“Adulterado” (basically meaning ‘tampered with’ or ‘fake’) is a word you’ll become familiar with in Bogotá. For example, you’re in a taxi, that you’ve ordered from Tappsi, on your way to a private English class that you teach twice a week. You’ve taken this route for the last two months and know how much the journey is supposed to cost, give or take 1000 pesos. You look at the taxi-meter and notice that the numbers appear to be going up faster than usual. When you arrive at your destination, it costs $4000 pesos more than it normally does. When you explain this to the driver he says “Ah, thanks for letting me know. It’s a new meter so I’ll have to have a word with the factory” and then charges you the elevated fare just the same. Hmph.
7. Delivery included (NOT)
You buy a new sofa for your apartment and are assured by the sales assistant that the $50,000 pesos delivery charge is included in the price (and it says as much on the receipt she gives you). On the day of the delivery, the manager calls you to tell you that, actually, delivery isn’t included, and then tells you to grow up when you complain about it.
8. Another iPhone bites the dust…
You’ve just arrived back in Bogotá from your holiday in Santa Marta and the airport is packed. There are long queues for yellow taxis outside the airport, but eventually you manage to get one. You’re checking the Waze app on your phone during the journey to advise the driver on which route to take to avoid heavy traffic. When you arrive back at your flat, you thank and pay the driver and are about to shut the car door when you see your iPhone on the floor of the car just in front of where you’d been sitting. You ask the driver to wait a moment while you get your phone, and with the car door still open, the driver hits the accelerator and speeds off down the street. Needless to say you didn’t have time to catch the license plate number and that’s the last you ever see of your iPhone.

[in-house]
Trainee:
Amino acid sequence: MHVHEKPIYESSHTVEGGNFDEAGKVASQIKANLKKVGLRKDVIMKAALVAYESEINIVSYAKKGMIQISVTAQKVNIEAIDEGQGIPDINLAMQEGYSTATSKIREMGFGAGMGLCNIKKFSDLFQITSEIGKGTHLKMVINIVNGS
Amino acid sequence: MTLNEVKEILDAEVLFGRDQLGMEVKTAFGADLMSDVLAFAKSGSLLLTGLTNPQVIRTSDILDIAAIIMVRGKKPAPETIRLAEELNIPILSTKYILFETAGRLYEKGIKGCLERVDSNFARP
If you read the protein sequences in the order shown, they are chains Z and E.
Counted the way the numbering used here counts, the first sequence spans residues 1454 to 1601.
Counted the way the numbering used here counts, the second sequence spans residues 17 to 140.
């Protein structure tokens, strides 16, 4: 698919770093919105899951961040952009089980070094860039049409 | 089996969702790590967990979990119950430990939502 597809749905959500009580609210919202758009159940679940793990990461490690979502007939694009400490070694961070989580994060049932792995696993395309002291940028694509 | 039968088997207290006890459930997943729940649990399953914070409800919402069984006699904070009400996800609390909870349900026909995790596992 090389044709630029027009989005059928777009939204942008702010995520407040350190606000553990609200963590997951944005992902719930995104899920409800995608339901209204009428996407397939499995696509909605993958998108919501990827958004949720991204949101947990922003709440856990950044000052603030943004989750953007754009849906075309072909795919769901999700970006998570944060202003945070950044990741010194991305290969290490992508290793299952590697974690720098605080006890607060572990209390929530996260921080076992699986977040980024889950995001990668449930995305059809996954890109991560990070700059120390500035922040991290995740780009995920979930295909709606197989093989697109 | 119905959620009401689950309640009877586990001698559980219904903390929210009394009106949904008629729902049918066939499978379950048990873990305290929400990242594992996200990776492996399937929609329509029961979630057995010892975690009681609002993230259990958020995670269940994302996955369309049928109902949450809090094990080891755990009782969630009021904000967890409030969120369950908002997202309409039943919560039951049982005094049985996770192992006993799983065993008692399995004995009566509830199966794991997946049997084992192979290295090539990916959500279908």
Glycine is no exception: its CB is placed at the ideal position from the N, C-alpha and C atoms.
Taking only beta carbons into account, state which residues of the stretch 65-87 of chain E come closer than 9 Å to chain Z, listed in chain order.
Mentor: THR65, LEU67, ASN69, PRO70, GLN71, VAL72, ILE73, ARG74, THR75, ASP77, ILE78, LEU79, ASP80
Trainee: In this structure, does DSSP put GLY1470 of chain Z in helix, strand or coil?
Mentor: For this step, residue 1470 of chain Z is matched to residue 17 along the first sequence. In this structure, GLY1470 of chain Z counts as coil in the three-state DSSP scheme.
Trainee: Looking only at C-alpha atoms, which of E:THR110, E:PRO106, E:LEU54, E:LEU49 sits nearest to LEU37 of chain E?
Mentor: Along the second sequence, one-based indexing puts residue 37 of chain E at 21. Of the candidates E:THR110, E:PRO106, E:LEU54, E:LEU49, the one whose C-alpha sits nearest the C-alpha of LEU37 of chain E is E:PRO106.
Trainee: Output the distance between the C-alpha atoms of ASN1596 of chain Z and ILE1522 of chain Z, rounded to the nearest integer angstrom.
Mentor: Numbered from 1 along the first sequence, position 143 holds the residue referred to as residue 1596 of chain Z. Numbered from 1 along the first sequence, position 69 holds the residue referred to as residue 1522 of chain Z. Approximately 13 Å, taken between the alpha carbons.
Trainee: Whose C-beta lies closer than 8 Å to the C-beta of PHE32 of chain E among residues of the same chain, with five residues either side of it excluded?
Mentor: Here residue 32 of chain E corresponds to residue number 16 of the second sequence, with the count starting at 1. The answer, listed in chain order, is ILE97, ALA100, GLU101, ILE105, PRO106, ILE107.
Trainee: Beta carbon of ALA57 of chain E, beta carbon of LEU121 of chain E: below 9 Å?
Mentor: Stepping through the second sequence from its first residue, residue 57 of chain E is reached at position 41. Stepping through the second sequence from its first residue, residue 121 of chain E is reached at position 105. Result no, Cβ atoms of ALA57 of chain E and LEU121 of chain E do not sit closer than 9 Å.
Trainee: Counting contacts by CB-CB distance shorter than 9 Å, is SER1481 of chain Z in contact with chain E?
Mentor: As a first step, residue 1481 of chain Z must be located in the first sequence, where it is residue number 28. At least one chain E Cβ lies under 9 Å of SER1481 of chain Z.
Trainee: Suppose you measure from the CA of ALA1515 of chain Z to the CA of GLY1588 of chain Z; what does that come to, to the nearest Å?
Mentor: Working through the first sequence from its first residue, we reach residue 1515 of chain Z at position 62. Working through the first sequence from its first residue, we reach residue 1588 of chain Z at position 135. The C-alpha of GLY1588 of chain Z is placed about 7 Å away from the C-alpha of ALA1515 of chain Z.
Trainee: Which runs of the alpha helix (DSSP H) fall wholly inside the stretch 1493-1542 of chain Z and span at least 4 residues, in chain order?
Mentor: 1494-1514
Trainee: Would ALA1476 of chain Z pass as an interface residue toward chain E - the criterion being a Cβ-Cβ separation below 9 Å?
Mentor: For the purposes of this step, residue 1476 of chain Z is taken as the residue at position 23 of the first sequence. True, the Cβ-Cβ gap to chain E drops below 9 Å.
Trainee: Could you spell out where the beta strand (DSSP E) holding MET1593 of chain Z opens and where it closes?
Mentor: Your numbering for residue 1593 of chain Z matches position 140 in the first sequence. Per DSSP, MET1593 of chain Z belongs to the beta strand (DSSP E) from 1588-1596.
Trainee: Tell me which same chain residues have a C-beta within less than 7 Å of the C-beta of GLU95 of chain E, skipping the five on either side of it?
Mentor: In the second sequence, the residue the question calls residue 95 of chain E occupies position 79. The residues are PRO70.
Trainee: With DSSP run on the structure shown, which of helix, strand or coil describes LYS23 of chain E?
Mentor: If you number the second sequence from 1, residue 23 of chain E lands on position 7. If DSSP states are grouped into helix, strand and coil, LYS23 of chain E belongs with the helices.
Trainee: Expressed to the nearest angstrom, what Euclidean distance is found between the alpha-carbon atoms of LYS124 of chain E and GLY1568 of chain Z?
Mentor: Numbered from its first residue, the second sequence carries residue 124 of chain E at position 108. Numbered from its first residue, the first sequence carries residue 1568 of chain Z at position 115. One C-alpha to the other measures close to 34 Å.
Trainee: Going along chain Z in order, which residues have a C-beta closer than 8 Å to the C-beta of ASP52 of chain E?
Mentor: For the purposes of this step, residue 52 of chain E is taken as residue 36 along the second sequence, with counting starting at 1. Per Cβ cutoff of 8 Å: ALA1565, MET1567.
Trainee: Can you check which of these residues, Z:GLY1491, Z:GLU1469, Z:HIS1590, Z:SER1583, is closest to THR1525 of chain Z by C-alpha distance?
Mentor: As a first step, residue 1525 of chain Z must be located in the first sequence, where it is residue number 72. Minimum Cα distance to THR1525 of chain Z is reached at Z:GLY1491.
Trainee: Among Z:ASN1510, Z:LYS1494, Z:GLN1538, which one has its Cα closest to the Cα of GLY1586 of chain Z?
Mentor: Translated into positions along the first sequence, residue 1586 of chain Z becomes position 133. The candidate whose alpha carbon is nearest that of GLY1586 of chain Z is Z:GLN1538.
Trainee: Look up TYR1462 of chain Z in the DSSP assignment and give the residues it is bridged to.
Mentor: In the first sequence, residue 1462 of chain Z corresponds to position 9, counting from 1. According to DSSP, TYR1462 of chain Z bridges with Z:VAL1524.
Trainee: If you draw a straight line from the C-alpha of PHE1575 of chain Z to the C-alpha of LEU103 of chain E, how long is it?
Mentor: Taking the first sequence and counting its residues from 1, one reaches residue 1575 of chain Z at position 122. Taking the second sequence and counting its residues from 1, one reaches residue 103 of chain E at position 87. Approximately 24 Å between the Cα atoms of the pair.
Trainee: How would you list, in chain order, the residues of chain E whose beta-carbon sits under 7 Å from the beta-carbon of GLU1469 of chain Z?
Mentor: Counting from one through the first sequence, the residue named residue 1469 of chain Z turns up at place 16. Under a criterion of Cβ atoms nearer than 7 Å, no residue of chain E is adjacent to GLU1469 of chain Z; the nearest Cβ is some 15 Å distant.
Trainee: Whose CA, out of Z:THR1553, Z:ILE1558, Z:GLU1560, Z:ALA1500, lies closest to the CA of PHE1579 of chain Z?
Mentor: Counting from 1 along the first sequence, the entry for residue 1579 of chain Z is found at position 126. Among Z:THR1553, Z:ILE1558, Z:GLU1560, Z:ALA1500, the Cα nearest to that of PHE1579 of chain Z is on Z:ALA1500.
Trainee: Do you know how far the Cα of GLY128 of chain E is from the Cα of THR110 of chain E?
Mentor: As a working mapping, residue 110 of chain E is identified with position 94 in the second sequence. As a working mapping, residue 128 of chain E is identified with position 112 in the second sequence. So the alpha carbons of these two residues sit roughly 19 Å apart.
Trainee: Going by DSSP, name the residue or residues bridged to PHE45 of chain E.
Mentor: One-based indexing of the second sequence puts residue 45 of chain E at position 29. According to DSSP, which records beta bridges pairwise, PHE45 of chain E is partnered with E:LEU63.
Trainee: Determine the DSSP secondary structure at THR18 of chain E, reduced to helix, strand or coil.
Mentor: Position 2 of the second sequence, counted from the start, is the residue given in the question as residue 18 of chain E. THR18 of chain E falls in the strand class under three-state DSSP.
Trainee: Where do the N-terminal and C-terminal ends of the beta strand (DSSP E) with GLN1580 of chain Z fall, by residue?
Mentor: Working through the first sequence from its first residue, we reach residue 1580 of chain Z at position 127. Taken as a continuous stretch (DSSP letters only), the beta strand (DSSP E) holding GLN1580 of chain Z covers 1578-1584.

9. Snatch – Part 1
Against your better judgement, you decide to make a phone call while you’re walking down the street. A couple of minutes into your phone call, the handset is abruptly snatched out of your hand and the teenage culprit goes running off with it down the street. You scream to passers-by to stop the thief, and luckily someone grabs the cad by the collar and returns your phone to you. You then call the police, only to be told when they show up that there isn’t a lot they can do as he’s a minor, and if you did want to press charges they would have to keep your phone as ‘evidence’. With a big sigh you tell them to let the boy go.
10. Snatch – Part 2
You’ve just got on the TransMilenio, and suddenly you hear a woman shout out. It turns out that a guy just behind you had jumped on the bus, grabbed the nearest handbag and jumped off again as the doors were closing.
Moral of the Story: Be prepared.. and BE BOGO-SMART!
I always found my boyfriend Javi to be such a cynic when it came to trusting people, but I understand his behaviour a lot better now, and why he is the way he is, having grown up in Bogotá. It also helps me to better understand the Bogotá mentality; it can sometimes feel as though people here show little consideration and empathy for others, but in a way, I think this is part of an internal self-defense system against being taken advantage of. There’s a saying in Colombia (which I rather detest!): “El vivo vive del bobo” which translates as “Smart people live off the dummies”. And in Bogotá, no-one wants to be ‘el bobo’!
If you have any interesting anecdotes which might help prepare people for some of the challenges of life in Bogotá, please leave a comment!